"This has the potential to reduce your fuel consumption by two thirds and offset part of that by energy from the grid."
Sven Gustafson - The Oakland Business Review
Jan 14, 2009
When can consumers really have one? -- Ed.
At the North American International Auto Show in Detroit, much of the media spotlight was on automakers' plans for next-generation alternative-fueled vehicles.
I took advantage of a rare opportunity to drive two of them whose commercial releases are still a ways off: a plug-in Ford Escape and a fuel cell Chevrolet Equinox.
While shiny metal and massive video screens rule the main floor of Cobo Center, the basement resembles a garden show, with hundreds of native pine, spruce and birch trees, the air smelling heavily of fresh mulch and evergreens. In the middle of this bizarre scene is the Michigan EcoXperience, a looping course where visitors to the show can ride along in some of the cars of the future.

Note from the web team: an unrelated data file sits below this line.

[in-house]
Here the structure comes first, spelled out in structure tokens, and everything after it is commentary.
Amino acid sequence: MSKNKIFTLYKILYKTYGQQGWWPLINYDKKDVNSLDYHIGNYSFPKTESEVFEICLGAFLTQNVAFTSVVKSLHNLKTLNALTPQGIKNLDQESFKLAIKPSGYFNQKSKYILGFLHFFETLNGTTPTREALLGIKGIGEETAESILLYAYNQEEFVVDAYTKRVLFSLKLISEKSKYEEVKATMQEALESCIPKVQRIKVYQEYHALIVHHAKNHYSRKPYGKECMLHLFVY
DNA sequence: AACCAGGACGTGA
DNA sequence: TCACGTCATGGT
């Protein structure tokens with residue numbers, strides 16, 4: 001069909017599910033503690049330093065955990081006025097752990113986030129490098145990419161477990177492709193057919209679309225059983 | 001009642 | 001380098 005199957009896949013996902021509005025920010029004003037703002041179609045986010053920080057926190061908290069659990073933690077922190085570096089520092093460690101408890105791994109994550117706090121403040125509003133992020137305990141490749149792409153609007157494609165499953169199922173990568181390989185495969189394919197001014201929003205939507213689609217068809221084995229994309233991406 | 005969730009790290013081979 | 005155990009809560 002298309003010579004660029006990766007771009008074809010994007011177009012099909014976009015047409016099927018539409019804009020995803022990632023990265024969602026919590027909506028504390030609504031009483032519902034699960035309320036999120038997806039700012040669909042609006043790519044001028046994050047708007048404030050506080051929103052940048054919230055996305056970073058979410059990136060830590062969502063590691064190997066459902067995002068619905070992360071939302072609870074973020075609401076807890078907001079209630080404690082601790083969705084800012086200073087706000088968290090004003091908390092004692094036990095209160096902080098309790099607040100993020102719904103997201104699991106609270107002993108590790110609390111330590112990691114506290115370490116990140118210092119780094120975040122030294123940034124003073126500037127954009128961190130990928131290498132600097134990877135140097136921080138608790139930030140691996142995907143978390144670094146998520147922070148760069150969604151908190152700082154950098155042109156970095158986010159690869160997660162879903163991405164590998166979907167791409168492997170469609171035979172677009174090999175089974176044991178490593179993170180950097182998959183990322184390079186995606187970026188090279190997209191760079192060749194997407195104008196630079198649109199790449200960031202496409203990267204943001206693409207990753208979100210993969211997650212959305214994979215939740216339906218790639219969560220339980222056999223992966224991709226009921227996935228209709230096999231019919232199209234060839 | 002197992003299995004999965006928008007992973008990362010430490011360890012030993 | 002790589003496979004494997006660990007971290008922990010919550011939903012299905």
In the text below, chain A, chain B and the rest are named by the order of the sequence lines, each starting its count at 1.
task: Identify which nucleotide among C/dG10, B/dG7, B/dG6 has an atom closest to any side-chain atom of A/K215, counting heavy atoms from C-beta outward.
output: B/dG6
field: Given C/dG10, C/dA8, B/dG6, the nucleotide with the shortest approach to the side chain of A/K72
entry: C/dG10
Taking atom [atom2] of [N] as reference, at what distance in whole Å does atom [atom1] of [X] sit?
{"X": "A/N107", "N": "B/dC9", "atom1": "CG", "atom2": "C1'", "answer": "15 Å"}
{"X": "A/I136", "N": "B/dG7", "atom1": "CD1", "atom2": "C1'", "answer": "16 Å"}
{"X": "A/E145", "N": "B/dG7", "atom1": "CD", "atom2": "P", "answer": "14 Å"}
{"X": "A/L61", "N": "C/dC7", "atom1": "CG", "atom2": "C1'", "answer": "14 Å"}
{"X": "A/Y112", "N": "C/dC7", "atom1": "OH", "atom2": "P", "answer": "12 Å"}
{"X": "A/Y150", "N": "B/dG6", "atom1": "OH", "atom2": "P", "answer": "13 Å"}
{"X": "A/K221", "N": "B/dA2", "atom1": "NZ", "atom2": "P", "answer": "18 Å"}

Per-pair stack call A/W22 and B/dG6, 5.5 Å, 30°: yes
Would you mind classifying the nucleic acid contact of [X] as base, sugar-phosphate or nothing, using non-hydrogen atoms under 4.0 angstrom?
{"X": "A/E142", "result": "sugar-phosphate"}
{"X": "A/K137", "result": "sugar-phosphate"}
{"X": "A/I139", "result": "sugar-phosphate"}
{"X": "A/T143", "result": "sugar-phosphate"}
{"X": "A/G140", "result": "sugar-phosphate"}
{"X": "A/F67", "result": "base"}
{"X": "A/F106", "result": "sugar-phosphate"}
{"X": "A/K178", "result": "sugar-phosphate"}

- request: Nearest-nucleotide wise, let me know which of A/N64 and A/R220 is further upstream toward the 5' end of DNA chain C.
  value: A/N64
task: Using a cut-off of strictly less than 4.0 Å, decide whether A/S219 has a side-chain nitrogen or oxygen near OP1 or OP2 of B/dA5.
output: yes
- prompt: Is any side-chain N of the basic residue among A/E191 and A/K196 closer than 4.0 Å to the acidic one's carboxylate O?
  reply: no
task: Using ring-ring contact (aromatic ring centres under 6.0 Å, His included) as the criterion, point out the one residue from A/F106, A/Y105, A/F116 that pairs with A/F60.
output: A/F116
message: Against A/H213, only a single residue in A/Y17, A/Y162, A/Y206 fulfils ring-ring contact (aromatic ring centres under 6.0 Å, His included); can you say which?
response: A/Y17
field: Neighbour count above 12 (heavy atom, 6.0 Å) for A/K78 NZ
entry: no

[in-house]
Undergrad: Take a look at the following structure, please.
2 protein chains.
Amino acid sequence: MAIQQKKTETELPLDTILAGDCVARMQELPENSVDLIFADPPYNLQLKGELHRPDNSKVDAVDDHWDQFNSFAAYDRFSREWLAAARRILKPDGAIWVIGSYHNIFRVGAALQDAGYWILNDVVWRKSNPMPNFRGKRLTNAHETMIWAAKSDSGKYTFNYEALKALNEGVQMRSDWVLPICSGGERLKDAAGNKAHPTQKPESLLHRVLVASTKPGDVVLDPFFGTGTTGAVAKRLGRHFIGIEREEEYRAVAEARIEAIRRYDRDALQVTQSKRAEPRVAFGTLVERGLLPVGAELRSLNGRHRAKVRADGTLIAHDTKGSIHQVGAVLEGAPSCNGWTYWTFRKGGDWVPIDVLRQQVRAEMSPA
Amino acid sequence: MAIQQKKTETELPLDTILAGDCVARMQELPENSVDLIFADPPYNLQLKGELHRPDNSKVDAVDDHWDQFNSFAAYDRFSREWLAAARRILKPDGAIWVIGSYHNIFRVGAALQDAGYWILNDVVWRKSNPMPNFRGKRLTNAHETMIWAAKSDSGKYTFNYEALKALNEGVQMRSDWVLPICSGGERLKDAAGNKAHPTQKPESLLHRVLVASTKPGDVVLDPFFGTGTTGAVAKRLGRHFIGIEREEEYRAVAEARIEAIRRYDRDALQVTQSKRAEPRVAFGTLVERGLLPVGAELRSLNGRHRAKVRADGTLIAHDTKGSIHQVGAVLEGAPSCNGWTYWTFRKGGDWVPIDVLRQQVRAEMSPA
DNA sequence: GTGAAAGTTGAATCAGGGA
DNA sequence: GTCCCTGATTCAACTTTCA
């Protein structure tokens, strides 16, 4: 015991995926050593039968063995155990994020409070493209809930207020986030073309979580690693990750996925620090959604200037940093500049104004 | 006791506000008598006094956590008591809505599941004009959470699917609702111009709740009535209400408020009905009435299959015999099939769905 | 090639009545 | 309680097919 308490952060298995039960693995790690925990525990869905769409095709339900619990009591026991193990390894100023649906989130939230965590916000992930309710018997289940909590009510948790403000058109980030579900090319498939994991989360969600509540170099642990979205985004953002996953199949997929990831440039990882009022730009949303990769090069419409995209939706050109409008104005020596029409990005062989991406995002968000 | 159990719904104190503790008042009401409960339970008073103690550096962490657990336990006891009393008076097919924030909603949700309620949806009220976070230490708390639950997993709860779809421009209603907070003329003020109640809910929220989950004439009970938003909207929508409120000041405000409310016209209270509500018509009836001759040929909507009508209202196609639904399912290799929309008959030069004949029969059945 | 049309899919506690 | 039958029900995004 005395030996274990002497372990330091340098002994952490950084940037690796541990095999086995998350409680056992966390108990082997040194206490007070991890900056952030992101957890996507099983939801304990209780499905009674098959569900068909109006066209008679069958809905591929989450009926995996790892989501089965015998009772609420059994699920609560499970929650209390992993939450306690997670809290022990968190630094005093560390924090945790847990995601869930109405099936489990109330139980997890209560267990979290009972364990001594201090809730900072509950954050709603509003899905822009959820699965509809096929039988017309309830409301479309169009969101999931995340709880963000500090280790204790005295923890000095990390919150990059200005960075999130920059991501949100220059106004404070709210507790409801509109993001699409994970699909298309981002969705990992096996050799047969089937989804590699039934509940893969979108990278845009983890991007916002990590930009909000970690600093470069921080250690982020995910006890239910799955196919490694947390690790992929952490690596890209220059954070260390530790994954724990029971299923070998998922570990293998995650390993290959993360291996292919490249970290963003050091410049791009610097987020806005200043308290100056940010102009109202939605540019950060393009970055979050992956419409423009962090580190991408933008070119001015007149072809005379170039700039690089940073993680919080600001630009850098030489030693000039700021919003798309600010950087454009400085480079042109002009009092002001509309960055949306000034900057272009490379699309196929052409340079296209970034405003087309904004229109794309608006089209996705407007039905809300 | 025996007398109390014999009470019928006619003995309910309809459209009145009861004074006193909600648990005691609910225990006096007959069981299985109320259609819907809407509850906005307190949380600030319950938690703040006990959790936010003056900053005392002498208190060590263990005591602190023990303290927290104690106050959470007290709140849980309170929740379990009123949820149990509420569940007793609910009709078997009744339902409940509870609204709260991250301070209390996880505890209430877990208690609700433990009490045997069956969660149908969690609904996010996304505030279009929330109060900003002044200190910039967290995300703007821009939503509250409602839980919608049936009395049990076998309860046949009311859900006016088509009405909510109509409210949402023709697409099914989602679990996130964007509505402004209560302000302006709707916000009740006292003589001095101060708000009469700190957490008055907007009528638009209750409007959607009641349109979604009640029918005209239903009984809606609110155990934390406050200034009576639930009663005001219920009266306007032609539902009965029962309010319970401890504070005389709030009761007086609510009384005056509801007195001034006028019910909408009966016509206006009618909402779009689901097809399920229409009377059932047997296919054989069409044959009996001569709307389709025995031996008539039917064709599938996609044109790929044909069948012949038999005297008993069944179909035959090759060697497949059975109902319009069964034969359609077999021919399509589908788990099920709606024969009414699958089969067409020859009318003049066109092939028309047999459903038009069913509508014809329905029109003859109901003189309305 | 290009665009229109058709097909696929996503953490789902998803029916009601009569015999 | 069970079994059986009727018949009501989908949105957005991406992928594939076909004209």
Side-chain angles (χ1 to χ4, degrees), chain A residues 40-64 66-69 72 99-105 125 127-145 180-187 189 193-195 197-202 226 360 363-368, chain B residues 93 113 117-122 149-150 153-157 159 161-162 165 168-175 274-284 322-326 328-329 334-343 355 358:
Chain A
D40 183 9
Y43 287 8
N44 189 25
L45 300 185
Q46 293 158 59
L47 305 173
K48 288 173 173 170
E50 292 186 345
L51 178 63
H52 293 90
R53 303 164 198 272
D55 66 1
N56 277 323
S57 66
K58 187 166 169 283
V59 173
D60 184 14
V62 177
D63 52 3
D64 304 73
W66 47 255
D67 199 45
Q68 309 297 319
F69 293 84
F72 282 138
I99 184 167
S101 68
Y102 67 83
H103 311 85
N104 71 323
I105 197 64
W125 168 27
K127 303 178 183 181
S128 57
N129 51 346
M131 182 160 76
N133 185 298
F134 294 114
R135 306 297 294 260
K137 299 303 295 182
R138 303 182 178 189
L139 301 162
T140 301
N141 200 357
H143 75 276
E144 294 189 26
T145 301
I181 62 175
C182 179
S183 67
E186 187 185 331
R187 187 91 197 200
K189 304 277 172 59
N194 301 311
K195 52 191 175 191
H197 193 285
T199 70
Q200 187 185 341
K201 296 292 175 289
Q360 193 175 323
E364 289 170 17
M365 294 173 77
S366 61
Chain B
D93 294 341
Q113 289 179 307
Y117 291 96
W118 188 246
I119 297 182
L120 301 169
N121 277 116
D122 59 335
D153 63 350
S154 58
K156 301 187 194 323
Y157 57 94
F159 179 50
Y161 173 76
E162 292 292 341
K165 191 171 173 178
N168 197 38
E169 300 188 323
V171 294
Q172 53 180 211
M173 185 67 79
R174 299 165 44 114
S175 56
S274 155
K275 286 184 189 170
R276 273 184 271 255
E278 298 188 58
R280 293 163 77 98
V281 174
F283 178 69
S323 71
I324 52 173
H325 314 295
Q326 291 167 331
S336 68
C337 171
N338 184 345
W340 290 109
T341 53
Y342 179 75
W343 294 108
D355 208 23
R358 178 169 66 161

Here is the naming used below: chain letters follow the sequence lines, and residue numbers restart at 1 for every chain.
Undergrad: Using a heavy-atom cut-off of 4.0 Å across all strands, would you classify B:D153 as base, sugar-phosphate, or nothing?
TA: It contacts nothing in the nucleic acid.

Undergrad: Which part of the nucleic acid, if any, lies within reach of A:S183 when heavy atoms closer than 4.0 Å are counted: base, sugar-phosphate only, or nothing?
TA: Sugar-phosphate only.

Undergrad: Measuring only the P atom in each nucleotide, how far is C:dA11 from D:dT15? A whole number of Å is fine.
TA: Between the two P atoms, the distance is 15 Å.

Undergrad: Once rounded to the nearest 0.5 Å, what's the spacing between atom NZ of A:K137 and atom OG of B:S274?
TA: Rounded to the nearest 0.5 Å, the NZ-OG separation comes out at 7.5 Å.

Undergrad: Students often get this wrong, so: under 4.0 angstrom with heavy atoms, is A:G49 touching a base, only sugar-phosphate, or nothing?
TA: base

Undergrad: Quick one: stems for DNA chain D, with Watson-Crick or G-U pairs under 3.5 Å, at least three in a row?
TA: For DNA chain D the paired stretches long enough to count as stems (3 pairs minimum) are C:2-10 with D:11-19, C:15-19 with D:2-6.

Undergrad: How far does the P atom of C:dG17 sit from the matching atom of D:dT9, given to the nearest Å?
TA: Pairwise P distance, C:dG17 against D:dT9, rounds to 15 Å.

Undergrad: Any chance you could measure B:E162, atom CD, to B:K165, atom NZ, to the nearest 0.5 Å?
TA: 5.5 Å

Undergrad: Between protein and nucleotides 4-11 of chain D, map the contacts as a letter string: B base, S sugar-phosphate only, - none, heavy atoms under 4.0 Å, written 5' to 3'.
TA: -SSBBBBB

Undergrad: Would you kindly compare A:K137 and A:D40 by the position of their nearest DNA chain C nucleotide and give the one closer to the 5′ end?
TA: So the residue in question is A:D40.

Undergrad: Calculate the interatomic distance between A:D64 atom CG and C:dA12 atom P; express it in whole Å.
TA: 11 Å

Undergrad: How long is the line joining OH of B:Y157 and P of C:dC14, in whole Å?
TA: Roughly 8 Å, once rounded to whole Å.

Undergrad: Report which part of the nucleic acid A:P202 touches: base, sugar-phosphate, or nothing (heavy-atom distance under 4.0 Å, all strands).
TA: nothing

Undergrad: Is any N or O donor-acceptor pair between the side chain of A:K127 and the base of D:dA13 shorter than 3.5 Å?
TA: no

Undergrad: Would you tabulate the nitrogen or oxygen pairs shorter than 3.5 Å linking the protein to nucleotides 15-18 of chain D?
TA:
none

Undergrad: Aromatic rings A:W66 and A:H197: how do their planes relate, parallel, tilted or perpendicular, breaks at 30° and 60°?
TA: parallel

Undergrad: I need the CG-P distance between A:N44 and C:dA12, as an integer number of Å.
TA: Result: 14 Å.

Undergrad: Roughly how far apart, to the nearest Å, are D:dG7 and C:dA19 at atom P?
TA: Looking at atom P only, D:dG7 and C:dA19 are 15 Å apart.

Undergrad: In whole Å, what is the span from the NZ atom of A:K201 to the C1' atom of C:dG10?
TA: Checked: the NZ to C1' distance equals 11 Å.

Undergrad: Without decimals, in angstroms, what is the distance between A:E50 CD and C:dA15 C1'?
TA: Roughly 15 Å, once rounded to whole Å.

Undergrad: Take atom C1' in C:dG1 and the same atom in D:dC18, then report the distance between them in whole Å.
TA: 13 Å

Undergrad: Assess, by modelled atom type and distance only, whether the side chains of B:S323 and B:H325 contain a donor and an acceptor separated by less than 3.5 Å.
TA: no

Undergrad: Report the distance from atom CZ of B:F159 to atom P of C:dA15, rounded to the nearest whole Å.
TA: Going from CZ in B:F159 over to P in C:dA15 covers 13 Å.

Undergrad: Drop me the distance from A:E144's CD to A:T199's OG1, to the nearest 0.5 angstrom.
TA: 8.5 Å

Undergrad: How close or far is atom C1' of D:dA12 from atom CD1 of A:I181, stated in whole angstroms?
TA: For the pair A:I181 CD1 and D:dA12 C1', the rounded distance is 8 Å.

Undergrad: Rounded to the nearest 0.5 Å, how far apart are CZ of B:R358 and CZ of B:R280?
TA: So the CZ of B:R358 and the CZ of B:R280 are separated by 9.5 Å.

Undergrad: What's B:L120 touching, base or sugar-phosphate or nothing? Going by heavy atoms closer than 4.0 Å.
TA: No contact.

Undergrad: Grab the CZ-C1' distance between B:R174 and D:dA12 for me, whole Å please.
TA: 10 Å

Ford's plug-in Escape uses a 10 kilowatt-hour lithium-ion battery that is about 1.5 times heavier than the 2 kilowatt-hour nickel-metal hydride battery pack that powers the production Escape hybrid. The plug-in's lithium-ion batteries can be fully recharged from a standard 120-volt outlet in between six and eight hours.
The small sport utility vehicle boasts an electric-only driving range of up to 30 miles, provided you drive below... [Read More]